"The days of handsome leading men and gorgeous leading ladies are gone," continues Ms. Seldes. "One of our greatest actors was Jason Robards Jr. And one of our greatest actresses was Kim Stanley. It was their talent that was so great. Both were unbelievably wonderful in that when they played someone handsome or beautiful they became handsome and beautiful. As was the case with Kim Stanley in Bus Stop [she originated the role of Cherie] - beautiful; and Picnic [in the role of the plain sister Millie to Janice Rule's Madge] - plain. They could be anything, anything!"

For Marian Seldes, the rehearsal process is thrilling. "Finding your way and trying different things is wonderful. On Dedication, we have a marvelous young director who's been fascinating to work with. In fact, though I appeared in it last year, working with Michael is like doing it for the first time."

What has made Dedication such a memorable experience for Ms. Seldes, she reports, is playing opposite Lane, "who's so delicious. We know and love him and he's a genuine star, but that's not who comes into rehearsals. An actor comes. He's a member of the company and when we have our break, he's usually studying the script or doing something quiet by himself. We might have coffee, but we don't jog around the block.

"Because Nathan's funny, successful and all that," she continues, "you have a sort of vision of him. But he's a marvelous actor with an incredible range. Talent really gets to shine in Dedication [which McNally wrote with him in mind]. I've benefited from his bountiful generosity. You can share with him, take from him, give to him. It makes rehearsing a joy, and this part I'm playing depends on him. Working with him has been a lovely, lovely, unexpected joy in my life!"

Ms. Seldes has worked with giants: John Gielgud in Albee's Tiny Alice, where she stood by for Irene Worth, also Crime and Punishment and Medea; Hume Cronyn and Jessica Tandy in Albee's A Delicate Balance; Tallulah Bankhead and Ruth Ford, in the short-lived revival of Williams' The Milk Train Doesn't Stop Here Anymore, which co-starred Tab Hunter; John Wood (and later John Cullum) and Frances Sternhagen, Deathtrap; Anthony Hopkins and Richard Burton, Equus; Olivia de Havilland and Henry Fonda, The Gift of Time; George C. Scott, The Wall; Gladys Cooper and Siobhan McKenna, The Chalk Garden; Katharine Cornell and Henry Daniell, That Lady; Lillian Gish, Crime and Punishment; and Judith Anderson, Medea, which marked Ms. Seldes' Broadway debut. Among contemporary "giants," she's played opposite Kevin Kline in Ivanov and a very young Victor Garber in Deathtrap.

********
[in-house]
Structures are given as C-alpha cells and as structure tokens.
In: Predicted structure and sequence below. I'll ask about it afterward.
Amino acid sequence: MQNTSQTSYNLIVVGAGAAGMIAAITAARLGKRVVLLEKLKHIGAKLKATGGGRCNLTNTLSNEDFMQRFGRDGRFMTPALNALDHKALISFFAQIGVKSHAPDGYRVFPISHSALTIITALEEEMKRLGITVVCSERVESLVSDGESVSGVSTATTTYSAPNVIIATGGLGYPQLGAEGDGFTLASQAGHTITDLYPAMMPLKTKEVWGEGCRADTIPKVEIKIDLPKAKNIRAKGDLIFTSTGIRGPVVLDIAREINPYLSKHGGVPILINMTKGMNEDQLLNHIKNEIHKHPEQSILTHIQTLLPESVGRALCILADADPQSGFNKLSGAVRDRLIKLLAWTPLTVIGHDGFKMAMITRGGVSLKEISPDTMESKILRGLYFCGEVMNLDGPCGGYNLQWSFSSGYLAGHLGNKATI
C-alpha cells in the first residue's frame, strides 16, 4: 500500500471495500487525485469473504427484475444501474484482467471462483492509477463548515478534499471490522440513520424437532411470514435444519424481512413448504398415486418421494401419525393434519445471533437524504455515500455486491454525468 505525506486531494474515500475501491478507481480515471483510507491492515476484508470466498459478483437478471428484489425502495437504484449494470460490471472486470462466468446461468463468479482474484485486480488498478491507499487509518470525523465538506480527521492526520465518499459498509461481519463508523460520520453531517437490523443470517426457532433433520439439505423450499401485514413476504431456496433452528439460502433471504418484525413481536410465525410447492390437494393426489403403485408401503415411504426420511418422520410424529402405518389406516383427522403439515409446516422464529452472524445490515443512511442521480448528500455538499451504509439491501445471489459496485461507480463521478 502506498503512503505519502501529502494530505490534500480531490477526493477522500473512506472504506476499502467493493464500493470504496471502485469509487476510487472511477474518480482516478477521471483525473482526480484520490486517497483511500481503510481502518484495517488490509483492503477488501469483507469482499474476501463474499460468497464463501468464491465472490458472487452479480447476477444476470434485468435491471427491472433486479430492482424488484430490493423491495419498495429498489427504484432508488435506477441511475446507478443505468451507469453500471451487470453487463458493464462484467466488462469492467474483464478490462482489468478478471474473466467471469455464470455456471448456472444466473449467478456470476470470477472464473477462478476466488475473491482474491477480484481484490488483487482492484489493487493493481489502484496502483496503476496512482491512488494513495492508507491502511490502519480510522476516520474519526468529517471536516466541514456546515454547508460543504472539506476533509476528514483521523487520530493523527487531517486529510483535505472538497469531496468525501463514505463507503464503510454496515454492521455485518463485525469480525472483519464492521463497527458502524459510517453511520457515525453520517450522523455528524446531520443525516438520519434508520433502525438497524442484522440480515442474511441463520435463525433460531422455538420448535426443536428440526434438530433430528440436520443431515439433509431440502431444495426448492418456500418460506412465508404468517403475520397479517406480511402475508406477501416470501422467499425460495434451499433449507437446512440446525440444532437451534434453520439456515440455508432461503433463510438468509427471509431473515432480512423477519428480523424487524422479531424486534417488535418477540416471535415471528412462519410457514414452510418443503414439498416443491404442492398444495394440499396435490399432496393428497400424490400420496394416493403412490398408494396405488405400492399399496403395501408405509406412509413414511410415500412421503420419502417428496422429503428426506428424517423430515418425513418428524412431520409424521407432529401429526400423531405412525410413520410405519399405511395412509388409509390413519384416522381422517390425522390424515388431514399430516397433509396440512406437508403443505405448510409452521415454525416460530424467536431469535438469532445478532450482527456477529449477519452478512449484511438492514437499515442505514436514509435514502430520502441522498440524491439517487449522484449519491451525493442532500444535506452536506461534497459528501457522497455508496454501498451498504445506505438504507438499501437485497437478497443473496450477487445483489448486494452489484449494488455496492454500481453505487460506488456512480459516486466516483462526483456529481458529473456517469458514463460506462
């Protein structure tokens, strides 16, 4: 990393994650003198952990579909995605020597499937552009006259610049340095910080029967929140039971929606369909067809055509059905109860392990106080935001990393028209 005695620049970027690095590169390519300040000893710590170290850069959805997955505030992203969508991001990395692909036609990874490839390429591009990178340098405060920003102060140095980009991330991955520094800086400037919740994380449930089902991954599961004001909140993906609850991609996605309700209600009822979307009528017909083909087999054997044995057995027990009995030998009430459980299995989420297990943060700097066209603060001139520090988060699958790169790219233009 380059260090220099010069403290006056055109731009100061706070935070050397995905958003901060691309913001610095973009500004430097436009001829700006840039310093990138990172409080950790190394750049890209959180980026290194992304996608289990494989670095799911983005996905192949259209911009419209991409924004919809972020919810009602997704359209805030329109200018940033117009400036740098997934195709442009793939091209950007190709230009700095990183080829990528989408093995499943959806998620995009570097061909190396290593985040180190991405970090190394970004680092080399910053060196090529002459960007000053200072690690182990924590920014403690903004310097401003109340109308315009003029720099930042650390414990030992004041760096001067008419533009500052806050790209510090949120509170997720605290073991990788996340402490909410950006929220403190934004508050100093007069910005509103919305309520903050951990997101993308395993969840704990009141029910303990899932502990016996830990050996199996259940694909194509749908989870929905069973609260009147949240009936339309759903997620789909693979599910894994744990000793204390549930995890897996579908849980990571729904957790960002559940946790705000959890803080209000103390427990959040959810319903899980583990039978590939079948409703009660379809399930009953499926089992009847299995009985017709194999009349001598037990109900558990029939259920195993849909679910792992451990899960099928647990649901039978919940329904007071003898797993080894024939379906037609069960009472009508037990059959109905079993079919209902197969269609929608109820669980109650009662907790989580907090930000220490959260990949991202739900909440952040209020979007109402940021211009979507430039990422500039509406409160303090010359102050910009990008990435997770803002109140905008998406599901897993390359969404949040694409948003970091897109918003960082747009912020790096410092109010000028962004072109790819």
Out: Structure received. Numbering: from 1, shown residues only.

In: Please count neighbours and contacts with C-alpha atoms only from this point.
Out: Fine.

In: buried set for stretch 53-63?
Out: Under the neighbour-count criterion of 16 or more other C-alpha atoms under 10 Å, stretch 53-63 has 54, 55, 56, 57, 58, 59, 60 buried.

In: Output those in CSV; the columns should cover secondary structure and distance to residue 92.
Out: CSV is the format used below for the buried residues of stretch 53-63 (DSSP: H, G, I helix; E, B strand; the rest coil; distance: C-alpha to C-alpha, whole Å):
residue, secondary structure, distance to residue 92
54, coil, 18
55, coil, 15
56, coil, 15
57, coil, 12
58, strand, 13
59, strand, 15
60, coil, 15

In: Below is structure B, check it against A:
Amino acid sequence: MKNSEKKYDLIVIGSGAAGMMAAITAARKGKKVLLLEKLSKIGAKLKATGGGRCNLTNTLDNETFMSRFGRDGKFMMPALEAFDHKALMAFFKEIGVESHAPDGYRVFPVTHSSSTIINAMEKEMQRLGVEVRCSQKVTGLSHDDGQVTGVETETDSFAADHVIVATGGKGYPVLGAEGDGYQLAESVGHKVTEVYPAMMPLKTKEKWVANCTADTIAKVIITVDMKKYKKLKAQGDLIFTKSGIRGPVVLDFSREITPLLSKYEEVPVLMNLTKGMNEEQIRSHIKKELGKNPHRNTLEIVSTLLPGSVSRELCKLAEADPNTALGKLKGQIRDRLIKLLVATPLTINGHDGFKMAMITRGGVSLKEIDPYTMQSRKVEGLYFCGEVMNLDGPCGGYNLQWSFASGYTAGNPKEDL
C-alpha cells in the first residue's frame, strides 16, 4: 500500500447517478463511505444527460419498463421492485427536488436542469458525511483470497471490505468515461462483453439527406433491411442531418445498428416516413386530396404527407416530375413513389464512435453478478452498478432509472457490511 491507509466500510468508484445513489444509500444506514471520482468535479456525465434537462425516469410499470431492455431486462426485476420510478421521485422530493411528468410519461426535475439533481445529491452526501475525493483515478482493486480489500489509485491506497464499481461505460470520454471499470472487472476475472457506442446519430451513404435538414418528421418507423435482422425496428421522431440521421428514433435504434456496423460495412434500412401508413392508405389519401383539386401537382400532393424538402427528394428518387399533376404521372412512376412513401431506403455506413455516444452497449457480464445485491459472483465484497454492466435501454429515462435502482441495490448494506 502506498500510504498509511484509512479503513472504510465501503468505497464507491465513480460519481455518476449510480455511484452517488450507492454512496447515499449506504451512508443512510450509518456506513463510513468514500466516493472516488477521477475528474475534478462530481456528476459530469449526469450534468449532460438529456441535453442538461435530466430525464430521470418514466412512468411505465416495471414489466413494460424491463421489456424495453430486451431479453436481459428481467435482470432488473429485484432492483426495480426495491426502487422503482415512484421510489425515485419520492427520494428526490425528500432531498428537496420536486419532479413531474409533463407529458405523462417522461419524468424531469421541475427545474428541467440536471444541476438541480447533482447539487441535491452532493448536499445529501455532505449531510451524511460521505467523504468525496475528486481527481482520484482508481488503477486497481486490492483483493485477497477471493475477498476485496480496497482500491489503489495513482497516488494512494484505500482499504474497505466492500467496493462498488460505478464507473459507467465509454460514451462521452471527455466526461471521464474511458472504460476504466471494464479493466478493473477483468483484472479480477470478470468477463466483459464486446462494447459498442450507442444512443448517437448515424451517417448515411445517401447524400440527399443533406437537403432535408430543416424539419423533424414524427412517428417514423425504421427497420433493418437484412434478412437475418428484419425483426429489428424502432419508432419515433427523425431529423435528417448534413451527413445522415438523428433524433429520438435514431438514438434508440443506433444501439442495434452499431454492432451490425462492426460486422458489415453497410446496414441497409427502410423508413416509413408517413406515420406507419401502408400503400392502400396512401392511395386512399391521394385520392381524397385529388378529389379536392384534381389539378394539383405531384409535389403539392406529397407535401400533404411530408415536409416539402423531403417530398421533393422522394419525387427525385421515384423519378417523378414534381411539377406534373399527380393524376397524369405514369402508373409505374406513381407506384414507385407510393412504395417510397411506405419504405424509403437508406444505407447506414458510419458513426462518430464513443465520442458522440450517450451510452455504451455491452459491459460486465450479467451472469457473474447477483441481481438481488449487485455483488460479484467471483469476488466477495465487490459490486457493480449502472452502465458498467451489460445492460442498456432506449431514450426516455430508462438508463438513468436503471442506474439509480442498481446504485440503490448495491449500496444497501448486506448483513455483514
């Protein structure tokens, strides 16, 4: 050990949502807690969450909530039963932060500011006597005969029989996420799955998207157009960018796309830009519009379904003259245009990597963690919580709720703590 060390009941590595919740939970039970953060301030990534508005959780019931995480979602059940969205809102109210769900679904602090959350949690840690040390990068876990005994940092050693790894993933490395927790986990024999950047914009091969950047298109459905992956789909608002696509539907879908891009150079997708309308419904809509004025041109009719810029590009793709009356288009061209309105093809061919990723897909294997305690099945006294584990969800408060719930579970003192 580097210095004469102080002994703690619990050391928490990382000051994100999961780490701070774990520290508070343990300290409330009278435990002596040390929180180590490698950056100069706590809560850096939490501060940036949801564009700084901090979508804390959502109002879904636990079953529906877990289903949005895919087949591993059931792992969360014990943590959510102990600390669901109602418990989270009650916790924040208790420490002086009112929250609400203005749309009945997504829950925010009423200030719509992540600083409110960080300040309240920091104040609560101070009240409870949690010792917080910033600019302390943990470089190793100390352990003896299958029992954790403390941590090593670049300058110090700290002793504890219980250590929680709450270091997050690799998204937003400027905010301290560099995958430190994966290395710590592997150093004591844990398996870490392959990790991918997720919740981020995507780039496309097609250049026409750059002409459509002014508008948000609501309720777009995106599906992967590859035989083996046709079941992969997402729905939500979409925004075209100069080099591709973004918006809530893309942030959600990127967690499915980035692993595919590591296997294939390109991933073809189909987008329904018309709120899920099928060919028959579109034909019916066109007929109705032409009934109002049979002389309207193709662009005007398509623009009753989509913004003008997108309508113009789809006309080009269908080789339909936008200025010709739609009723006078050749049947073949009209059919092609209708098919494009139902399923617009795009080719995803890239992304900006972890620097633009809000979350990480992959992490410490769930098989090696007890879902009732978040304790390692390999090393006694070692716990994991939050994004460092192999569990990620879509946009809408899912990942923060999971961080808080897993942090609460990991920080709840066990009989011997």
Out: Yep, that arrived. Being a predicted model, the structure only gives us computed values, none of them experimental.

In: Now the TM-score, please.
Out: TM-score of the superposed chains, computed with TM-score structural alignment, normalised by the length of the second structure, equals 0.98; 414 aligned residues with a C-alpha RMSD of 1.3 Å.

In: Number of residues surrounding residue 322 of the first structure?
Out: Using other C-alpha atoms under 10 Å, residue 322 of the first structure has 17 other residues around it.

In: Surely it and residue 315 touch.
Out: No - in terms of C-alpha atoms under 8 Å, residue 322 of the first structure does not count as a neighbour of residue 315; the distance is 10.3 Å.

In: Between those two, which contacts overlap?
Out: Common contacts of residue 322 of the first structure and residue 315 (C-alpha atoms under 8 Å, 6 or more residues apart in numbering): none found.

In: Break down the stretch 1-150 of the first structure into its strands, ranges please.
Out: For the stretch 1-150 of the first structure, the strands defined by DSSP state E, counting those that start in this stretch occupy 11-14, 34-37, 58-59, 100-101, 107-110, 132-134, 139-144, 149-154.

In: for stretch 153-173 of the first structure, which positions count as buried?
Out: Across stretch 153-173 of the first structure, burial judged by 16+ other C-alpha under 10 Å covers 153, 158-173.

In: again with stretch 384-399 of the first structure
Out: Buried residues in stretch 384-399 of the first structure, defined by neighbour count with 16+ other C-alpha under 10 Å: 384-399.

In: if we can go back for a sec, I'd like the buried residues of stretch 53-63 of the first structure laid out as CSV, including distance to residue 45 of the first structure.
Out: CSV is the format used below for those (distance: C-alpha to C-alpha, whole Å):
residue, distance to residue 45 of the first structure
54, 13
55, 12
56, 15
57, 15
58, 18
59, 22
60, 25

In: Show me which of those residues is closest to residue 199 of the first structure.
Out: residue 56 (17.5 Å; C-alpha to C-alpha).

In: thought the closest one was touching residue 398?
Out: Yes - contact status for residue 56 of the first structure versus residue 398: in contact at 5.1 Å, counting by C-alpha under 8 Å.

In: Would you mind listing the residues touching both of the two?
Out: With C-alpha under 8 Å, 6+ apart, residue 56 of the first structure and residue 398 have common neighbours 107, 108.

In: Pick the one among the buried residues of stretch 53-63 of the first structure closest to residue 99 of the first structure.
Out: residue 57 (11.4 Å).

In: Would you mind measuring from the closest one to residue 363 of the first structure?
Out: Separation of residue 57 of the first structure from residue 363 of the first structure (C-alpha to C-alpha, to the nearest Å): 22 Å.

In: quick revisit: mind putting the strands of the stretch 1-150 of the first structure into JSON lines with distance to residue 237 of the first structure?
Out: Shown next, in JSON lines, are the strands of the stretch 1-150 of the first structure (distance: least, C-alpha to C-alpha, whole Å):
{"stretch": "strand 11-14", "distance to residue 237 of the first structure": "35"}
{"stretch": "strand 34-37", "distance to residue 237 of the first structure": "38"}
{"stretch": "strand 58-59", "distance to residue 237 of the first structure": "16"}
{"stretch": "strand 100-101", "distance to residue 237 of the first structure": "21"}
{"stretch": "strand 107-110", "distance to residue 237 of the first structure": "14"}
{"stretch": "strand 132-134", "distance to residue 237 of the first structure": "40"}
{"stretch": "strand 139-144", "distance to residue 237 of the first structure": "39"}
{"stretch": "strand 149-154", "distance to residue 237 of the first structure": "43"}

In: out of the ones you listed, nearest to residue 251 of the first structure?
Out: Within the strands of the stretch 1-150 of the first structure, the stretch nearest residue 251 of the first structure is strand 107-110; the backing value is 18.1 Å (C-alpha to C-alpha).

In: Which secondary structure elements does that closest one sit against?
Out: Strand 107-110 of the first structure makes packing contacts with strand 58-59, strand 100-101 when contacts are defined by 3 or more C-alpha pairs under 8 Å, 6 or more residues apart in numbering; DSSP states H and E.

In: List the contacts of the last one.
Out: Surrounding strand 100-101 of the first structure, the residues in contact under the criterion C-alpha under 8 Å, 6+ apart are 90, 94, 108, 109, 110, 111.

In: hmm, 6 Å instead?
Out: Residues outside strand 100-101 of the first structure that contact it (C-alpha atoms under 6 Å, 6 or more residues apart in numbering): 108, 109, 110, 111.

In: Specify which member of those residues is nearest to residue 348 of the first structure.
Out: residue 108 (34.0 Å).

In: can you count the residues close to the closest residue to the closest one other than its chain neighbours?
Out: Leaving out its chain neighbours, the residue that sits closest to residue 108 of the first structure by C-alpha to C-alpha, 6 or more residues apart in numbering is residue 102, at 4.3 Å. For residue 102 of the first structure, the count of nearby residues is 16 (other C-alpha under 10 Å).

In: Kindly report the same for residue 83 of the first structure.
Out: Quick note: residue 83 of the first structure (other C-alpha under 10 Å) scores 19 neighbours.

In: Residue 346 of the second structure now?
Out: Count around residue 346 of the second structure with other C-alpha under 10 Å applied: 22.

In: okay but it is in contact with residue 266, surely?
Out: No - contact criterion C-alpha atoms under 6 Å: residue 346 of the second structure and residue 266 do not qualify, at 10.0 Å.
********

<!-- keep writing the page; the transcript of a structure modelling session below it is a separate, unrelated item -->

"I also loved the Lunts," notes Ms. Seldes, "but I never had the pleasure of working with them onstage. However, Alfred directed Ondine [1954], where I was featured opposite Mel Ferrer and Audrey Hepburn."

And then there is her devoted friend and frequent companion Bryan Murray, whom she co-starred with in The Butterfly Collection and The Play About the Baby. "He's a miracle to work with. He's just, just marvelous in every way. And he's a wonderful director. You would think that being so good, he wouldn't be receptive [to the suggestions of other directors], but he is. He's one of the truest actors I know."

Then, of course, there's Albee. She spends moments trying to evoke words to explain what it's like being in his company. Finally, and in her famous whisper, she states, "He's a mixture of sensible and sensitive. He's quiet, fair and honest. When you're with Edward, you feel safe. You choose your words carefully. He brings that out in whomever he's with. When you truly admire someone, you don't want to waste their time. You want your time with that person to be meaningful. Just meeting someone you admire, even if there's only a brief connection, it's so thrilling."

Albee's writing, she goes on to say, "is so brilliant. It's like music. As a singer would sing the notes, if it were music; the actress plays the words. And they're perfect. Edward is so concise and funny. His most serious plays are screamingly funny. You see Virginia Woolf, which could be a tragedy, and there are moments where you're falling about laughing. And so are the characters! The experiences with Edward are so important in my life."